Saturday, 13 October 2012

The heart of a father

Theodore Dereiser

The heart of a father! The world wanders into many strange by-paths of affection. The love of a mother for her children is dominant, leonine, selfish, and unselfish. It is concentric. The love of a husband for his wife, or of a lover for his sweetheart, is a sweet bond of agreement and exchange trade in a lovely contest. 

The love of a father for his son or daughter, where it is love at all, is a broad, generous, sad, contemplative giving without thought of return, a hail and farewell to a troubled traveler whom he would do much to guard, a balanced judgment of weakness and strength, with pity for failure and pride in achievement. It is a lovely, generous, philosophic blossom which rarely asks too much, and seeks only to give wisely and plentifully.

"That my boy may succeed! That my daughter may be happy!" Who has not heard and dwelt upon these twin fervors of fatherly wisdom and tenderness?

The Financier isn't as great a read as I hoped, but quite quotable - at least this quote appeals to me. But the book itself is very mixed with long, dull descriptions of the main character's financial dealings. I enjoyed Dreiser's Sister Carrie and The Financier has been on my must-read list for some years, but on the whole I prefer Sister Carrie.

However there are some good points, particularly the character of the financier himself, Frank Cowperwood, included in an earlier post. The flavour of nineteenth century financial machinations are good, but spoiled by excessive and long-winded detail in my view. Sometimes I thought I was reading a textbook. One is certainly left wondering whether things have really changed though.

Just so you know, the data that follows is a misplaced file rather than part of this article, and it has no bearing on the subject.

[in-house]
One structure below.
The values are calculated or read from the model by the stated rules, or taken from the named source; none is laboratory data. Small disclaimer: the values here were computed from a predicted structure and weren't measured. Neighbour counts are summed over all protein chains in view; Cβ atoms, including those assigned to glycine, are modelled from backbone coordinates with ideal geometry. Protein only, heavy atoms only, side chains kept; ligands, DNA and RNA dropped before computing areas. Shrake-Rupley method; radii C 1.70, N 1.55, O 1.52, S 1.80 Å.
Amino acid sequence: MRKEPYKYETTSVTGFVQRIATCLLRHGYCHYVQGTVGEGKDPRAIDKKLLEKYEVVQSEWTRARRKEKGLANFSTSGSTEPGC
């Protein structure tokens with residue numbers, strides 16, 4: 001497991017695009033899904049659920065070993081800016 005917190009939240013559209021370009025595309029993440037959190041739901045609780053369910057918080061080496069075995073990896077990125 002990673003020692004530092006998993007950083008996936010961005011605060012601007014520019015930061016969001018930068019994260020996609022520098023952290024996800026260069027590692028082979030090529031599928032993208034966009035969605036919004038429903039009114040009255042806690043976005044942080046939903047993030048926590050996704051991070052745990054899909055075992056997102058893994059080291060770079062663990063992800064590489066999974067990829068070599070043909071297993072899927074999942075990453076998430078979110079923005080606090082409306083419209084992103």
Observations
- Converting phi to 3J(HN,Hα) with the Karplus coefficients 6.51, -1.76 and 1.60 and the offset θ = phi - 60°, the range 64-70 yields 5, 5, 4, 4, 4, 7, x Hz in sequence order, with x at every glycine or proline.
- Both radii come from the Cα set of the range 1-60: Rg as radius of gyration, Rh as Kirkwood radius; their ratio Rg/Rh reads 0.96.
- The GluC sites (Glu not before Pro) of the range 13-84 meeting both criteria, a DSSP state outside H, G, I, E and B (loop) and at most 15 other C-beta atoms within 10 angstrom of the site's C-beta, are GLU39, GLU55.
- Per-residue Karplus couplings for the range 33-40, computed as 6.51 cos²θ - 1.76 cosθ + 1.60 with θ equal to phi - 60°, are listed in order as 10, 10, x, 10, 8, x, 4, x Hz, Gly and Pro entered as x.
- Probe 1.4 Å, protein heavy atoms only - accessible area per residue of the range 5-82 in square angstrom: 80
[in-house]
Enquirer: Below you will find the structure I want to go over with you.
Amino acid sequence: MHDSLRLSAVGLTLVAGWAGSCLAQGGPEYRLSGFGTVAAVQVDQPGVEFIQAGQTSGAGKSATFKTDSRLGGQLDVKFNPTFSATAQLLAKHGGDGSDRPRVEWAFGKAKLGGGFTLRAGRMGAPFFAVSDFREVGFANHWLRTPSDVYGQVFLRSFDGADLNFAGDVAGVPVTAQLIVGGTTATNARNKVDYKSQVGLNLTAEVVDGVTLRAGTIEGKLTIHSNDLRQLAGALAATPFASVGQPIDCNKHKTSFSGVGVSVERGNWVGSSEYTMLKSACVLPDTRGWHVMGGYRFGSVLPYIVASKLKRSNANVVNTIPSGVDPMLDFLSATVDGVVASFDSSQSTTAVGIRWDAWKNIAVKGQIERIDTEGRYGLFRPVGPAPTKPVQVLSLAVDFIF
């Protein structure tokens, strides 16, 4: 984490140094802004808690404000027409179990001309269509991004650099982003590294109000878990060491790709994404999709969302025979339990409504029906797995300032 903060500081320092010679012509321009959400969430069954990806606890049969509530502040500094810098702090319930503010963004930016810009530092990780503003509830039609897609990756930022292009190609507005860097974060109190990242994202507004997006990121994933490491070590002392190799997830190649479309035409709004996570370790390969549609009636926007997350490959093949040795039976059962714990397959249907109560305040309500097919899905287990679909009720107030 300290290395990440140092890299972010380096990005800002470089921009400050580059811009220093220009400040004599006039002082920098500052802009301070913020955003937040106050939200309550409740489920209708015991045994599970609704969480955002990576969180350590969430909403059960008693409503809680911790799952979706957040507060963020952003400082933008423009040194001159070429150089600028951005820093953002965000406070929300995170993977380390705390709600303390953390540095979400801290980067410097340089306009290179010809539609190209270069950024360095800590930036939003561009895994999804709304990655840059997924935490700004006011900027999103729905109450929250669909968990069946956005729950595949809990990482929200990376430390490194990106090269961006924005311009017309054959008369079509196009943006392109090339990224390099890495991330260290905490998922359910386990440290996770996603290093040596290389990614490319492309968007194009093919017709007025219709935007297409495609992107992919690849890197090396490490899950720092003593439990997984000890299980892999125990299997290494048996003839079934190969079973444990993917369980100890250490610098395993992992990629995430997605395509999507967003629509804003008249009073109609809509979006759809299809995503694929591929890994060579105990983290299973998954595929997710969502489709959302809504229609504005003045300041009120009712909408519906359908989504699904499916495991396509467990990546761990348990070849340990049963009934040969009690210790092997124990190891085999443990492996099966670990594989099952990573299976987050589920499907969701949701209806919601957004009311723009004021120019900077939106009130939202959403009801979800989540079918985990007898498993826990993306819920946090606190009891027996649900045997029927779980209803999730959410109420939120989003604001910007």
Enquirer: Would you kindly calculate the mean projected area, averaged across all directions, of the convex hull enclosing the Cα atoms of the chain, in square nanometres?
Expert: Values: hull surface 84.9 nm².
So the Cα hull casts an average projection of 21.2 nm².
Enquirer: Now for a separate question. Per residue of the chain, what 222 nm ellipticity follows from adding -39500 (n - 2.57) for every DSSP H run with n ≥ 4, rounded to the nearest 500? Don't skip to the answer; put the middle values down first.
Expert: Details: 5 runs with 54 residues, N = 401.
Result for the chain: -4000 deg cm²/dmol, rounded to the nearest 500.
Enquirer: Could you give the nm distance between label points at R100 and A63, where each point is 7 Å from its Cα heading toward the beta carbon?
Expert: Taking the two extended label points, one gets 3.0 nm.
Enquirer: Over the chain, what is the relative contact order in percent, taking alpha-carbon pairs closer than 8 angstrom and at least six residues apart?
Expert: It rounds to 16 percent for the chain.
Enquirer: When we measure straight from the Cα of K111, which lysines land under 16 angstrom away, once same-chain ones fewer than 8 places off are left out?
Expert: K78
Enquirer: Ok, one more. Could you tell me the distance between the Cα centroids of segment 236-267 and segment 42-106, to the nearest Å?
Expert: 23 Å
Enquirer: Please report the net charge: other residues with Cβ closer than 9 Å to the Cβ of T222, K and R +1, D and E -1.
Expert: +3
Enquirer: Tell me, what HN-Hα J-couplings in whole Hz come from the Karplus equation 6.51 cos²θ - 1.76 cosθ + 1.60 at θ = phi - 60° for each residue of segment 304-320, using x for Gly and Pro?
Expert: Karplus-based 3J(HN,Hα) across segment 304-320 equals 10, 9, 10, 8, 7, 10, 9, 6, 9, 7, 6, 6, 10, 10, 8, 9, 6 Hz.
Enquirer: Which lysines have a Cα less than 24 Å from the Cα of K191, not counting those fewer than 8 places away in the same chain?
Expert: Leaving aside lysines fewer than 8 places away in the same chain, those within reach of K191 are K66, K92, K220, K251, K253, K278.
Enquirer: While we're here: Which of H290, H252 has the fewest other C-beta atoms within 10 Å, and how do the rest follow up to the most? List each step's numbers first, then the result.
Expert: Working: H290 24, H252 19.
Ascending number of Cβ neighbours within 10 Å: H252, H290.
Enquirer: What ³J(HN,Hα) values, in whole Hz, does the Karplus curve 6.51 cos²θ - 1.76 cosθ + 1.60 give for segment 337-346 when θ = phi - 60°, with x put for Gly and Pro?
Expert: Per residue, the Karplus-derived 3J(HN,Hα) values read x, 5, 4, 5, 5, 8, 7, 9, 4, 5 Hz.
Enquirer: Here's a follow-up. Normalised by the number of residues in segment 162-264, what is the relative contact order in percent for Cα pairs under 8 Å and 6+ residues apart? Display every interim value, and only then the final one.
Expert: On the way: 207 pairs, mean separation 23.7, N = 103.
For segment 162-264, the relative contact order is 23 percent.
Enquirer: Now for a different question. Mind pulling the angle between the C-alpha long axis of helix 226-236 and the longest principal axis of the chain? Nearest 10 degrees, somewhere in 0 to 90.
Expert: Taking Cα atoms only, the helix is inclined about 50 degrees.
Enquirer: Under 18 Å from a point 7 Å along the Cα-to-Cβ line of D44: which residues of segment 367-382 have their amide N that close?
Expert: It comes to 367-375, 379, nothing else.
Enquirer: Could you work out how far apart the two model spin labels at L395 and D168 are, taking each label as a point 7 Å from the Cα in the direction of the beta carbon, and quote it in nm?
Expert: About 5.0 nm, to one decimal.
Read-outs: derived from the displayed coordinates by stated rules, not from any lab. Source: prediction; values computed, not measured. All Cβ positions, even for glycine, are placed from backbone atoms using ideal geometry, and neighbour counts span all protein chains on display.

Frank Cowperwood is unstoppable:-

That thing conscience, which obsesses and rides some people to destruction, did not trouble him at all. He had no consciousness of what is currently known as sin. There were just two faces to the shield of life from the point of view of his peculiar mind - strength and weakness. 

Right and wrong? He did not know about those. They were bound up in metaphysical abstrusities about which he did not care to bother. Good and evil? Those were toys of clerics, by which they made money. And as for social favor or social ostracism which, on occasion, so quickly followed upon the heels of disaster of any kind, well, what was social ostracism? Had either he or his parents been of the best society as yet? And since not, and despite this present mix-up, might not the future hold social restoration and position for him? It might. Morality and immorality? He never considered them. 

But strength and weakness--oh, yes! If you had strength you could protect yourself always and be something. If you were weak--pass quickly to the rear and get out of the range of the guns.


James Higham said...

You don't find Dreiser a bit too densely packed?

A K Haart said...

James - The Financier certainly is. Sister Carrie I found easier to read, but yes, it is a little dense.